The long-styled pistil is to that of the short-styled as 100 to 36 in length; and its divergent stigmas are longer by fully one-third of their own length than those of the short-styled form. In the latter the anthers are a little larger, and the pollen-grains are as 100 to 80 in diameter, compared with those from the long-styled form.

Cinchona micrantha (Rubiaceae).

Dried specimens of both forms of this plant were sent me from Kew. (3/26. My attention was called to this plant by a drawing copied from Howard's 'Quinologia' Table 3 given by Mr. Markham in his 'Travels in Peru' page 539.) In the long-styled form the apex of the stigma stands just beneath the bases of the hairy lobes of the corolla; whilst the summits of the anthers are seated about halfway down the tube. The pistil is in length as 100 to 38 to that of the short-styled form. In the latter the anthers occupy the same position as the stigma of the other form, and they are considerably longer than those of the long-styled form. As the summit of the stigma in the short-styled form stands beneath the bases of the anthers, which are seated halfway down the corolla, the style has been extremely shortened in this form, its length to that of the long- styled being, in the specimens examined, only as 5.3 to 100! The stigma, also, in the short-styled form is very much shorter than that in the long-styled, in the ratio of 57 to 100. The pollen grains from the short-styled flowers, after having been soaked in water, were rather larger--in about the ratio of 100 to 91--than those from the long-styled flowers, and they were more triangular, with the angles more prominent. As all the grains from the short-styled flowers were thus characterised, and as they had been left in water for three days, I am convinced that this difference in shape in the two sets of grains cannot be accounted for by unequal distension with water.

Besides the several Rubiaceous genera already mentioned, Fritz Muller informs me that two or three species of Psychotria and Rudgea eriantha, natives of St. Catharina, in Brazil, are heterostyled, as is Manettia bicolor. I may add that I formerly fertilised with their own pollen several flowers on a plant of this latter species in my hothouse, but they did not set a single fruit. From Wight and Arnott's description, there seems to be little doubt that Knoxia in India is heterostyled; and Asa Gray is convinced that this is the case with Diodia and Spermacoce in the United States. Lastly, from Mr. W.W. Bailey's description, it appears that the Mexican Bouvardia leiantha is heterostyled. (3/27. 'Bulletin of the Torrey Bot. Club' 1876 page 106.)]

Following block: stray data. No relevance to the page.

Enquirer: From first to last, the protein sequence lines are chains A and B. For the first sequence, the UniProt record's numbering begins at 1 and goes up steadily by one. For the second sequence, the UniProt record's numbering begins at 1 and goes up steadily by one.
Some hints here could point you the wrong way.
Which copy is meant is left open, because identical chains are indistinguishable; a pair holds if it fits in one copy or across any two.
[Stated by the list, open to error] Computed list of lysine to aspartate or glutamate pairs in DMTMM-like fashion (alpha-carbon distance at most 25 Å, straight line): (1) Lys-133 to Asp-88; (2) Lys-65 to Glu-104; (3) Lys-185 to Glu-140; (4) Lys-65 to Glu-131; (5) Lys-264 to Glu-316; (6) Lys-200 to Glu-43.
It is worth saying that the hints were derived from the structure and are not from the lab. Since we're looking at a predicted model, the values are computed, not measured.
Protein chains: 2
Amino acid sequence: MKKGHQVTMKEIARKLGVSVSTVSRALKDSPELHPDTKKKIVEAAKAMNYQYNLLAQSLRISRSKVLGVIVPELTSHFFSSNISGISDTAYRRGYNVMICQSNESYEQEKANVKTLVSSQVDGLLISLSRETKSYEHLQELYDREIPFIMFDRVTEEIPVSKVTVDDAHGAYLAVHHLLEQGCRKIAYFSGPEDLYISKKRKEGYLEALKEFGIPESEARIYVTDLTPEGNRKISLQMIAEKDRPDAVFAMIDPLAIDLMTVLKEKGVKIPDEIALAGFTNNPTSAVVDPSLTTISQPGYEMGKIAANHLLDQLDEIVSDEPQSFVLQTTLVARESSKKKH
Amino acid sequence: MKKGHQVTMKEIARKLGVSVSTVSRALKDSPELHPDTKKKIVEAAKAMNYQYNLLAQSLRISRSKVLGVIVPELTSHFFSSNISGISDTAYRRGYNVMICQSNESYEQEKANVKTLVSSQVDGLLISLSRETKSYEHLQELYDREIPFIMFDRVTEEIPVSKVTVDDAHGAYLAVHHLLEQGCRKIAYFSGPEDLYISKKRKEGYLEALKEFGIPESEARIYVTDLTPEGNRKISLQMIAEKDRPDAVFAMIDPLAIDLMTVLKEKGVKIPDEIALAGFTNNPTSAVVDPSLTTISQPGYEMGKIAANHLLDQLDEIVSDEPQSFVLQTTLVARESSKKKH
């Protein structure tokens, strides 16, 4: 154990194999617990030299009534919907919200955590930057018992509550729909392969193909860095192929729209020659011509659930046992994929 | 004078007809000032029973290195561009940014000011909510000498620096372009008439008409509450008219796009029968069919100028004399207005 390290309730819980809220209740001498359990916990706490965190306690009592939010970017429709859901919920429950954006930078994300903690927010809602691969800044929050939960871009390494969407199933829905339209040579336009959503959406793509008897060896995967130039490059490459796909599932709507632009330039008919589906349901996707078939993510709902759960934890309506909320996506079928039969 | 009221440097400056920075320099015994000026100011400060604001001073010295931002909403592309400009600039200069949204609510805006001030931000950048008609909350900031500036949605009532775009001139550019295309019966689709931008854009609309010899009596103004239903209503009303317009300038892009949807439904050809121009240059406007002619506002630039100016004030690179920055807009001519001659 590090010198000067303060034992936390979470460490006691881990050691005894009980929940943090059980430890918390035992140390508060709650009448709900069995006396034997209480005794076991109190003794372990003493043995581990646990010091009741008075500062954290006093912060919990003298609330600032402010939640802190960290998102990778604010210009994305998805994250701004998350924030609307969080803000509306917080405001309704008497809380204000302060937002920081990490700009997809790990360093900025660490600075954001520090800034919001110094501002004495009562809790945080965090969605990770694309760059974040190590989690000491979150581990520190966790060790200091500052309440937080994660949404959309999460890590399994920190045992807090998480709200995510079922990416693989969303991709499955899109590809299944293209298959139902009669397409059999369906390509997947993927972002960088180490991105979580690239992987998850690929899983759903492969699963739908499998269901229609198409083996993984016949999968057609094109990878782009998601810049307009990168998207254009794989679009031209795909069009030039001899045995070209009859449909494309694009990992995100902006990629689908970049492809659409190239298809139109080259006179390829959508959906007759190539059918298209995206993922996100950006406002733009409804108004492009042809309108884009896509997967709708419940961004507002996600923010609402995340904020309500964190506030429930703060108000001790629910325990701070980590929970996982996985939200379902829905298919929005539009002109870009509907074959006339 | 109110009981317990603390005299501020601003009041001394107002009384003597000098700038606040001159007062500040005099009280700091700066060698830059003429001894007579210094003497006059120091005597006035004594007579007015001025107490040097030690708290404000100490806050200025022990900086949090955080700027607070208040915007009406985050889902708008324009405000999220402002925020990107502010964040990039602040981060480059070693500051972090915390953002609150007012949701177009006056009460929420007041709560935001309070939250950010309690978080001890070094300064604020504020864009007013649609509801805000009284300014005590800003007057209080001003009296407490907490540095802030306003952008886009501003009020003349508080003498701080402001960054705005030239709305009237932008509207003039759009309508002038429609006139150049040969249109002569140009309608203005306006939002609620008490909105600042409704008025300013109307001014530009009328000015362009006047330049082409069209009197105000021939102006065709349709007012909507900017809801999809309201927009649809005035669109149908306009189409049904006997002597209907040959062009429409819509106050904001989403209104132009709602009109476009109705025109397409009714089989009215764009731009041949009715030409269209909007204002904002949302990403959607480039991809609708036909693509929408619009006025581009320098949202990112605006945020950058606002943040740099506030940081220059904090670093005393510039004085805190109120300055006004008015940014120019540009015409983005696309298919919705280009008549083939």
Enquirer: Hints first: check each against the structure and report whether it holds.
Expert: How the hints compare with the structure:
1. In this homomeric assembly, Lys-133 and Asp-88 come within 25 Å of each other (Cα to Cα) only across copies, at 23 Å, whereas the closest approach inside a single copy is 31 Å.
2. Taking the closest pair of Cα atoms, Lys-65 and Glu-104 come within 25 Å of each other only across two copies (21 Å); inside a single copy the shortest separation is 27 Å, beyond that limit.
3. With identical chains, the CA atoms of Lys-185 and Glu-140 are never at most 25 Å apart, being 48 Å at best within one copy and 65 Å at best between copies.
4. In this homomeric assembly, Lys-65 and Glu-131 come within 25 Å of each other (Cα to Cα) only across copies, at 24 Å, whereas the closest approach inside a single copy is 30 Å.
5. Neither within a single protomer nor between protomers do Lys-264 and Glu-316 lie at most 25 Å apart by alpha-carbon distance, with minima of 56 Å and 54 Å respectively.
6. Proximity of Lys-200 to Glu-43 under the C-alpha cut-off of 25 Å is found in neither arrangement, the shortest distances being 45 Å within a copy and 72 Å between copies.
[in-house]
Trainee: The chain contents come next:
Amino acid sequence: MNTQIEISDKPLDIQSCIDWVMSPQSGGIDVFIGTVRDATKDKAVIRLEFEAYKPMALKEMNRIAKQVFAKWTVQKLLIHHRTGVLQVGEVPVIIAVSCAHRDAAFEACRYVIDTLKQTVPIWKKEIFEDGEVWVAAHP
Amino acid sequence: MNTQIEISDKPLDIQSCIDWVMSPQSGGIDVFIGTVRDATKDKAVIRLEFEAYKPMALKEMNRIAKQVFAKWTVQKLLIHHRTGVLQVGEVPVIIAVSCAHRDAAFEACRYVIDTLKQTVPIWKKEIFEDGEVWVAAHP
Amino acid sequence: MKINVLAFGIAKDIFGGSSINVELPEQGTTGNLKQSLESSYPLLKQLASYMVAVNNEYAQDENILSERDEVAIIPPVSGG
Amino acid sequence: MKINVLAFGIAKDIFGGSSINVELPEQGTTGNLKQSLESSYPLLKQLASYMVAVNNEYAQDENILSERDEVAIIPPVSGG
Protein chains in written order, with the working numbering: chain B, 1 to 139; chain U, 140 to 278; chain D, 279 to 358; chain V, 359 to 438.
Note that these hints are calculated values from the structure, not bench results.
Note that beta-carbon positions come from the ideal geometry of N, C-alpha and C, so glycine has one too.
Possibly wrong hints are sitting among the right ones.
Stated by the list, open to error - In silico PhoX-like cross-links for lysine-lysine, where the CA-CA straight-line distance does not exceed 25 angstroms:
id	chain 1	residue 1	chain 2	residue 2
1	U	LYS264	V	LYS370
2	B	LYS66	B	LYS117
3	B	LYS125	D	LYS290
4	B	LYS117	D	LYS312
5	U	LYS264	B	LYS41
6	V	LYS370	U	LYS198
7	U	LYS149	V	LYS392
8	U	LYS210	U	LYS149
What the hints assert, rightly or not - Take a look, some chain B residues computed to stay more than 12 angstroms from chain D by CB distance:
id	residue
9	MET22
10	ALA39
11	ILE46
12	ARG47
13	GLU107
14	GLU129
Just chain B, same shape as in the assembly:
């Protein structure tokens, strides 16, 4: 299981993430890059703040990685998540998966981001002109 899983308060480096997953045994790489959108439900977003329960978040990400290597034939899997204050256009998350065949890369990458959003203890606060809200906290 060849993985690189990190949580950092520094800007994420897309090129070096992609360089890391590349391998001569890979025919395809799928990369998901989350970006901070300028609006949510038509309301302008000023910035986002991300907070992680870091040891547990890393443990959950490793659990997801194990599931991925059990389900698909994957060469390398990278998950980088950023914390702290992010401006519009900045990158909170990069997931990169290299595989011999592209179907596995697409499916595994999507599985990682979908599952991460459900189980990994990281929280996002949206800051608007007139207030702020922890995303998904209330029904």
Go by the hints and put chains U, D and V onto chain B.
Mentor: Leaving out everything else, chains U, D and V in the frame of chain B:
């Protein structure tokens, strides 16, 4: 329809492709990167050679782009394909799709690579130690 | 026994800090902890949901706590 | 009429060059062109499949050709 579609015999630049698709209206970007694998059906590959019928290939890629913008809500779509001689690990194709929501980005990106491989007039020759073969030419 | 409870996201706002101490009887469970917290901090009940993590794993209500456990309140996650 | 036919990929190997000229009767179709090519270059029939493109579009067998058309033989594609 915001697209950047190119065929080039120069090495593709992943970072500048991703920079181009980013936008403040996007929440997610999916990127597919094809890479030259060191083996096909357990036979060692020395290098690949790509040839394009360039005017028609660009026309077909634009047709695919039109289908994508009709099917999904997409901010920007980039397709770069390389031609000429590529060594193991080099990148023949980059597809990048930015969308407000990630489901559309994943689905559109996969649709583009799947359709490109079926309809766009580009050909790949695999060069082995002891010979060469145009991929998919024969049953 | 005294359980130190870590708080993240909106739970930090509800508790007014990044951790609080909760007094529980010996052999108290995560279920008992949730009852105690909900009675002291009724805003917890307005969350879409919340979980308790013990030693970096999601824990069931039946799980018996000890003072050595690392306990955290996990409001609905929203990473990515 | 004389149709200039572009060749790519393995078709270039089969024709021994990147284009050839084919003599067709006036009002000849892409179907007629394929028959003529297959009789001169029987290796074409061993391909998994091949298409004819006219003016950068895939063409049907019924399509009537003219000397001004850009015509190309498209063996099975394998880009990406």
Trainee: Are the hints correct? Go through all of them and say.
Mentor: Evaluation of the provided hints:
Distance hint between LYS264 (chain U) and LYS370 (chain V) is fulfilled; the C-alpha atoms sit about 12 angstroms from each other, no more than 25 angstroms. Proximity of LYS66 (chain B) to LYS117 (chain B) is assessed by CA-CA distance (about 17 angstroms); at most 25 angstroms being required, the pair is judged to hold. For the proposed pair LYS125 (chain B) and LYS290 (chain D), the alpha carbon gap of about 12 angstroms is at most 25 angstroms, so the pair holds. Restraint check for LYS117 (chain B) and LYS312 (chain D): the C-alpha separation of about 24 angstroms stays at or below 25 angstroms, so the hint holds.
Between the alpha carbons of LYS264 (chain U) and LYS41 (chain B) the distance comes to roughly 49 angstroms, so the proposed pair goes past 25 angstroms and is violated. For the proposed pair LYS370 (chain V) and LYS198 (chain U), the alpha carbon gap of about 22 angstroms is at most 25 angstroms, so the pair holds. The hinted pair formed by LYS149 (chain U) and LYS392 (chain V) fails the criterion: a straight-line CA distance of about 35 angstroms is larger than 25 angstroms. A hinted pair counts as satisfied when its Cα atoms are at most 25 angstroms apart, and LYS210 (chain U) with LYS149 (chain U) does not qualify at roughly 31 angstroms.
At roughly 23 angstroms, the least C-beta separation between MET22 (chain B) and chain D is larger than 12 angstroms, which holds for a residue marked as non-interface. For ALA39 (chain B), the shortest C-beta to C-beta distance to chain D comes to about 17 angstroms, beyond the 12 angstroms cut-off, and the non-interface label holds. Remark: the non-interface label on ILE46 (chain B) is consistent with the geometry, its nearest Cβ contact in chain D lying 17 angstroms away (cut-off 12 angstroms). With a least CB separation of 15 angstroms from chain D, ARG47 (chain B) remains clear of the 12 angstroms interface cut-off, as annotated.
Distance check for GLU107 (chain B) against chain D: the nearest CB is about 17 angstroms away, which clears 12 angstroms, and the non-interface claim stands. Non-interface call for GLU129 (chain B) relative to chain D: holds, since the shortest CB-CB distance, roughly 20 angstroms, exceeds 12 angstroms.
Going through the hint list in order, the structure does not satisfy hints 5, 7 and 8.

Altogether we now know of 17 heterostyled genera in the great family of the Rubiaceae; though more information is necessary with respect to some of them, more especially those mentioned in the last paragraph, before we can feel absolutely safe. In the 'Genera Plantarum,' by Bentham and Hooker, the Rubiaceae are divided into 25 tribes, containing 337 genera; and it deserves notice that the genera now known to be heterostyled are not grouped in one or two of these tribes, but are distributed in no less than eight of them. From this fact we may infer that most of the genera have acquired their heterostyled structure independently of one another; that is, they have not inherited this structure from some one or even two or three progenitors in common. It further deserves notice that in the homostyled genera, as I am informed by Professor Asa Gray, the stamens are either exserted or are included within the tube of the corolla, in a nearly constant manner; so that this character, which is not even of specific value in the heterostyled species, is often of generic value in other members of the family.



Lythrum salicaria. Description of the three forms. Their power and complex manner of fertilising one another. Eighteen different unions possible. Mid-styled form eminently feminine in nature. Lythrum Graefferi likewise trimorphic. L.

The Different Forms of Flowers on Plants of the Same Species Page 60

19th Century English Literature

Charles Darwin

Free Books in the public domain from the Classic Literature Library ©

Charles Darwin

All Pages of This Book